The False Choice Between Neoliberalism and Interventionism

WASHINGTON, DC –To intervene or not to intervene. That has been a central debate about the state’s role in the economy at least since the eighteenth century. Over the past 40 years, the United States and other Western liberal democracies have championed free markets, free trade, and a limited role for government – a stance known as neoliberalism or “market fundamentalism.” To some commentators, the recent passage of the CHIPS and Science Act and the Inflation Reduction Act, US President Joe Biden’s two signature industrial policies, marks the end of neoliberalism and the re-emergence of interventionism as the dominant paradigm.

But this is a false dichotomy. Governments are not limited to a binary choice between laissez-faire and top-down planning. A third option, long-neglected by policymakers and economists, is for governments to direct bottom-up processes of improvisation and creativity, akin to the role of an orchestra conductor. One can find plenty of examples of this in China and the US.

Neoliberalism emerged as the dominant policymaking paradigm in the West in the 1980s. Under President Ronald Reagan, the US pursued deregulation, cut taxes, and slashed welfare programs. Government intervention, the thinking went, inevitably leads to policy distortions, dependence on state handouts, and corruption. As Reagan famously put it in his first inaugural address, “government is not the solution to our problem; government is the problem.”

Soon after, neoliberalism turned global. Under the Washington Consensus, a term coined by the economist John Williamson in 1989, the US-dominated International Monetary Fund and World Bank pressured developing countries to embrace deregulation, privatization, and free trade. One policy prescription favored by policymakers and economists was “secure property rights,” which spawned a cottage industry of studies showing the link between such rights and economic growth. The implication was that all it took for countries to prosper was to leave markets to private entrepreneurs. State intervention was unnecessary, if not downright harmful.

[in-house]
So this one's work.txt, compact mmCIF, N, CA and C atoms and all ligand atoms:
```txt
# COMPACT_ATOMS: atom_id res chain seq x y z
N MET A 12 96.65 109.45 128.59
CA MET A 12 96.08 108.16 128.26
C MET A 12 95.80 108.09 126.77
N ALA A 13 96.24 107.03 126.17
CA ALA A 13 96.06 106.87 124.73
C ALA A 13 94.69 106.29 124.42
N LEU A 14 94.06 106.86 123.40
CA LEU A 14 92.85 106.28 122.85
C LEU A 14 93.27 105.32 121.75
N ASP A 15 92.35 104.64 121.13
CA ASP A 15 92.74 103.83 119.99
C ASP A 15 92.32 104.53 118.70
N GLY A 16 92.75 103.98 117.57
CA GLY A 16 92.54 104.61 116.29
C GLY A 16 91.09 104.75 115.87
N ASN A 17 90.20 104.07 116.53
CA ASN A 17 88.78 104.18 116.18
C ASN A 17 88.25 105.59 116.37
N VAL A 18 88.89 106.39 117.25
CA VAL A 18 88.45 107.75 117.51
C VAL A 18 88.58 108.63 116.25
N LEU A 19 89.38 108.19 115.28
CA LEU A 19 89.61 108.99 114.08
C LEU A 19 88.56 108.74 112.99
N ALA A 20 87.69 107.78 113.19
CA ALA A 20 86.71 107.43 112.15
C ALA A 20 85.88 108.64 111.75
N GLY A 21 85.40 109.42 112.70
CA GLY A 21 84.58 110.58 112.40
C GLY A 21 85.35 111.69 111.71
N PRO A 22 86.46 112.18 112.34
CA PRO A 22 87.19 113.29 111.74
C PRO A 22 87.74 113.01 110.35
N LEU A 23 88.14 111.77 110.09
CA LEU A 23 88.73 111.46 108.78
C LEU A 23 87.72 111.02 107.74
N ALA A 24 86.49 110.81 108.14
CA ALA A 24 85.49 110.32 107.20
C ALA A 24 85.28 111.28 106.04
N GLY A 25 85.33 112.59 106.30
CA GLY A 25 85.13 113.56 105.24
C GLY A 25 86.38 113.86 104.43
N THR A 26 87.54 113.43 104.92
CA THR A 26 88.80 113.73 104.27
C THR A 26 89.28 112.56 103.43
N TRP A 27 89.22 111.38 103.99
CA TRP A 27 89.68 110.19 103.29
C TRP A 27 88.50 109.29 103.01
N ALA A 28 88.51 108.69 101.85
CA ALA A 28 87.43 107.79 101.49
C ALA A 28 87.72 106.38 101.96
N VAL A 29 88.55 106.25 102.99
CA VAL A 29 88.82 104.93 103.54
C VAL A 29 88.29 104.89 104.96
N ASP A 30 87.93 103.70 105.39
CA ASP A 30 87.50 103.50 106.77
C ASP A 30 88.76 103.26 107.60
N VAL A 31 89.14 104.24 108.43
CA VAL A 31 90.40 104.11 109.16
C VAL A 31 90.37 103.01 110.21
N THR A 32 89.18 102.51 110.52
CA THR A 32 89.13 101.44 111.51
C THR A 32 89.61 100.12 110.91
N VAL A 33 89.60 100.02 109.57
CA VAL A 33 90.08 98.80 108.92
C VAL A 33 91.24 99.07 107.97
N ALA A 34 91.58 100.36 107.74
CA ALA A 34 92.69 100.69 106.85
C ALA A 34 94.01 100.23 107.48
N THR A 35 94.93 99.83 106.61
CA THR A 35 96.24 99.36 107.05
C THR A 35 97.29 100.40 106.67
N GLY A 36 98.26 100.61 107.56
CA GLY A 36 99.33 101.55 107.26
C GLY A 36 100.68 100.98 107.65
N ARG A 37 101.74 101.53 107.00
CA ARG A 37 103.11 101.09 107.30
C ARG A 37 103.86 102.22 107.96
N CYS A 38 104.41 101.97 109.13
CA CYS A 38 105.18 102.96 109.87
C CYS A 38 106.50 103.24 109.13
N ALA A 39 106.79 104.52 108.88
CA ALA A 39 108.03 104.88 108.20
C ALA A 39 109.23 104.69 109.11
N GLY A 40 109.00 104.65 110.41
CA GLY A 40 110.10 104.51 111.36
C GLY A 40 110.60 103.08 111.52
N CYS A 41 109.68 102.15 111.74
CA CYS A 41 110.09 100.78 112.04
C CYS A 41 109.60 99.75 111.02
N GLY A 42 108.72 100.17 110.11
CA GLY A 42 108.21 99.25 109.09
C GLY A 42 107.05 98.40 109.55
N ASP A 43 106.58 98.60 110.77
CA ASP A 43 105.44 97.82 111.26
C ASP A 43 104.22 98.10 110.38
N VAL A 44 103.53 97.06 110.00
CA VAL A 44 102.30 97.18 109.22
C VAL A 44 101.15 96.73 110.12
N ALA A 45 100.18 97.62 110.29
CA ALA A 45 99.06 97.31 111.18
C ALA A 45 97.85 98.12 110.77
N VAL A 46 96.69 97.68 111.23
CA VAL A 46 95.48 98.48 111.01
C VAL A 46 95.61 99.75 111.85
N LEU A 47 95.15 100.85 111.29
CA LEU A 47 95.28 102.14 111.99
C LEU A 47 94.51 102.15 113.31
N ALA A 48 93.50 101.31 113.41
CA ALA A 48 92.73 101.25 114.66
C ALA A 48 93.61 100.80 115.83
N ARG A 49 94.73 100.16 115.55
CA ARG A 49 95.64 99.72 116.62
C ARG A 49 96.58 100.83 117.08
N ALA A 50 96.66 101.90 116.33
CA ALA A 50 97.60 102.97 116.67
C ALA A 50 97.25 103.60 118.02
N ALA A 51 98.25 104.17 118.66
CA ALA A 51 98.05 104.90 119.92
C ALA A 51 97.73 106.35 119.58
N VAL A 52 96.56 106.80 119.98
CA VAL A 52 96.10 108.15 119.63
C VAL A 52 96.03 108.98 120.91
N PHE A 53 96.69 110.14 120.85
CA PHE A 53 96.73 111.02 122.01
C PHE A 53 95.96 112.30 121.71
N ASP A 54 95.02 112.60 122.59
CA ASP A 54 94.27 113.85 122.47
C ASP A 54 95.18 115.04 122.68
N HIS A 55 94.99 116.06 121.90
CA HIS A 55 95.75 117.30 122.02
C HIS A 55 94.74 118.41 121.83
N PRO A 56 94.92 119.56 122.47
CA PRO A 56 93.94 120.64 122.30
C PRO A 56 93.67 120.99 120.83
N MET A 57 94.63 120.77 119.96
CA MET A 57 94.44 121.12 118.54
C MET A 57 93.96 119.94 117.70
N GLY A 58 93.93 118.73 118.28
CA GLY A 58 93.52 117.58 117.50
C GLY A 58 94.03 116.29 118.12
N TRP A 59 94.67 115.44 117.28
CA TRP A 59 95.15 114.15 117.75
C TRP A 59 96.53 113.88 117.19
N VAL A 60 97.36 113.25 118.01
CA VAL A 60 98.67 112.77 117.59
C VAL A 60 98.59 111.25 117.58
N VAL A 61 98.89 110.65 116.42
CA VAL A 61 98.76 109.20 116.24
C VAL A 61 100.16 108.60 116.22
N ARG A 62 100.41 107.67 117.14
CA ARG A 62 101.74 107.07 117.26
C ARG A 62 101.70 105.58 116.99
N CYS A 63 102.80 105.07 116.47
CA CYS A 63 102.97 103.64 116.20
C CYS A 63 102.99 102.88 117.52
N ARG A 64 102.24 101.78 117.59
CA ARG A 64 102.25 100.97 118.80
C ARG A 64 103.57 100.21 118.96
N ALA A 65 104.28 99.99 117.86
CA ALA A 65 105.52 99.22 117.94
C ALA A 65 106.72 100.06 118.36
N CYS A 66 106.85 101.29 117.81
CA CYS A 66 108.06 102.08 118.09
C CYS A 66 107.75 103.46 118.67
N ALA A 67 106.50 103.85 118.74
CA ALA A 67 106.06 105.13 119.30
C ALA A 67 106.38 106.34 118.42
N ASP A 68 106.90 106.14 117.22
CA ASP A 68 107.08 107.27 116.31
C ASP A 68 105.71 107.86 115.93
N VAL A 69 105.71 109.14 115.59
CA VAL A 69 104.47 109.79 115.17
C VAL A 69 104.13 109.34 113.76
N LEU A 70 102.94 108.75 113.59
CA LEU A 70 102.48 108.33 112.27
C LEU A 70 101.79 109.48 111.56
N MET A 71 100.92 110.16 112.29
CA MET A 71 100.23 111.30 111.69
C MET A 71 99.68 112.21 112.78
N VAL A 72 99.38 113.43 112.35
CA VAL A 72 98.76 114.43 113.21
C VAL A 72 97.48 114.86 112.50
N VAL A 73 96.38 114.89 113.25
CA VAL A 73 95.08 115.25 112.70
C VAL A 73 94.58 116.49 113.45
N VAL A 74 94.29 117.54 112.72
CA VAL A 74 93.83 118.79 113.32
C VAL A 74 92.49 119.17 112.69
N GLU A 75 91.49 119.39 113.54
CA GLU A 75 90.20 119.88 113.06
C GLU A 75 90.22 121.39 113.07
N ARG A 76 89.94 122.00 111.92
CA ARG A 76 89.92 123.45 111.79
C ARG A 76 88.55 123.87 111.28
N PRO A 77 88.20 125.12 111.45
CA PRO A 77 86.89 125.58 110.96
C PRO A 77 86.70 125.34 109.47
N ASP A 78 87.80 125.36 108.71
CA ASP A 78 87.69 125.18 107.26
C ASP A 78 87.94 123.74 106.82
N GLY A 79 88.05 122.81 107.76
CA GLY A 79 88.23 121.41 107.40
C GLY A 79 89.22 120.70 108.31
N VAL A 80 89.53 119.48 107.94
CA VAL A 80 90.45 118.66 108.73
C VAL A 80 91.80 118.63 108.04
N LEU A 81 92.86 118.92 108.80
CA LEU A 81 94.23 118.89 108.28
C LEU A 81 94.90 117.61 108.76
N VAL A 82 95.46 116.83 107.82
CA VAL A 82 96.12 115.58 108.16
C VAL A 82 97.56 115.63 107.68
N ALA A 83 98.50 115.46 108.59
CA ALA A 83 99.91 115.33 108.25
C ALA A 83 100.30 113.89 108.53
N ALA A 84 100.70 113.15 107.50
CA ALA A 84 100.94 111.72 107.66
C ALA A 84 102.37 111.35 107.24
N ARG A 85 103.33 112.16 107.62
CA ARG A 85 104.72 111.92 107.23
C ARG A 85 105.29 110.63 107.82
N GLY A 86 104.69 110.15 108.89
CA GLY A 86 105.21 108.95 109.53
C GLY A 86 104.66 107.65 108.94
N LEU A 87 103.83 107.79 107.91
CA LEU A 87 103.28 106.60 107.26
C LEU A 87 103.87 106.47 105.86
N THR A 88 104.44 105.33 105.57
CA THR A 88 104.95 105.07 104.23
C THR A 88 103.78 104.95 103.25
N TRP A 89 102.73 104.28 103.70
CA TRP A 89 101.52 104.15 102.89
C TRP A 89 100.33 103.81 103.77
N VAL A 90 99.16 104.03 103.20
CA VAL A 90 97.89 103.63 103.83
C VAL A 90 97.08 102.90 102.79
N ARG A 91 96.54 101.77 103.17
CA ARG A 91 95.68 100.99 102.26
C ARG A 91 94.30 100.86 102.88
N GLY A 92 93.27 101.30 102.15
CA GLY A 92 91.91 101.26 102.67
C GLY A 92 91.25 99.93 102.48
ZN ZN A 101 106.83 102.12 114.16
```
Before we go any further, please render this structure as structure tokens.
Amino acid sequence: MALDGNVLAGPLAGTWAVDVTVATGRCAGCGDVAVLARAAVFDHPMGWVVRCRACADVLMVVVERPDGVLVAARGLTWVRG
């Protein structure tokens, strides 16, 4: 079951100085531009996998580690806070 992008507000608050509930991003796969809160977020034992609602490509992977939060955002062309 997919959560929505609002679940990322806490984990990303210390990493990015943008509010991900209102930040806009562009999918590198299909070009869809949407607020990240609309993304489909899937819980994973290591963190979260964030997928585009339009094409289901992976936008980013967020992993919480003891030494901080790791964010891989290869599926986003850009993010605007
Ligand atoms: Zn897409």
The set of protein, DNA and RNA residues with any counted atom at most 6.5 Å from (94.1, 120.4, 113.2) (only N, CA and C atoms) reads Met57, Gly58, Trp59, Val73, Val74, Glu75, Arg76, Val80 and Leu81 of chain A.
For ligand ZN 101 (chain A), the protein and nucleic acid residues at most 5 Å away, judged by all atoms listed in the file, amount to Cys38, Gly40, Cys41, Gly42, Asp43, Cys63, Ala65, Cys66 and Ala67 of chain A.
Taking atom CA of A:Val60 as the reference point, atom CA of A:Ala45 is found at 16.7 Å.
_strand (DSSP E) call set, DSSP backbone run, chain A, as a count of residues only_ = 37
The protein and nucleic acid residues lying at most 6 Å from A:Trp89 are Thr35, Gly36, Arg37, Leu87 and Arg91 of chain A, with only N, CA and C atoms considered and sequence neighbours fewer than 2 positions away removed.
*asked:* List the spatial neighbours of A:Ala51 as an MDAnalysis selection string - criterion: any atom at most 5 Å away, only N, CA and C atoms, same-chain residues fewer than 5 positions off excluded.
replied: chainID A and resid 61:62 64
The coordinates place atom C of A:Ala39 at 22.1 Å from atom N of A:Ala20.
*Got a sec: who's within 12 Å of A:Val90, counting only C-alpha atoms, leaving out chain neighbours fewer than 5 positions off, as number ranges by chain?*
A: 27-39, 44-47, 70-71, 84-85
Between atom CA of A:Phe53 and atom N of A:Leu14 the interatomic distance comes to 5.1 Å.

But not all developing countries went along. In defiance of Western prescriptions, Japan and the four “Asian tigers” – Hong Kong, Singapore, South Korea, and Taiwan – opted for massive government intervention. By crafting long-term plans, investing in public infrastructure, and selecting and promoting potentially successful industries with favorable policies, all of them achieved extraordinary economic growth between the 1960s and the 1990s. Proponents of the model underlying the “East Asian Miracle” criticized the Washington Consensus for ignoring the indispensable role of governments in late-developing economies.

The ideological pendulum has swung back and forth ever since. Neoliberals briefly had the upper hand following the 1997 Asian financial crisis, which was widely blamed on state intervention. But the tide began to turn after the 2008 financial crisis. In the face of rising inequality, the COVID-19 pandemic, and competition from China, a growing number of politicians and advisers argue that the West should follow in Asia’s footsteps and enact industrial policies.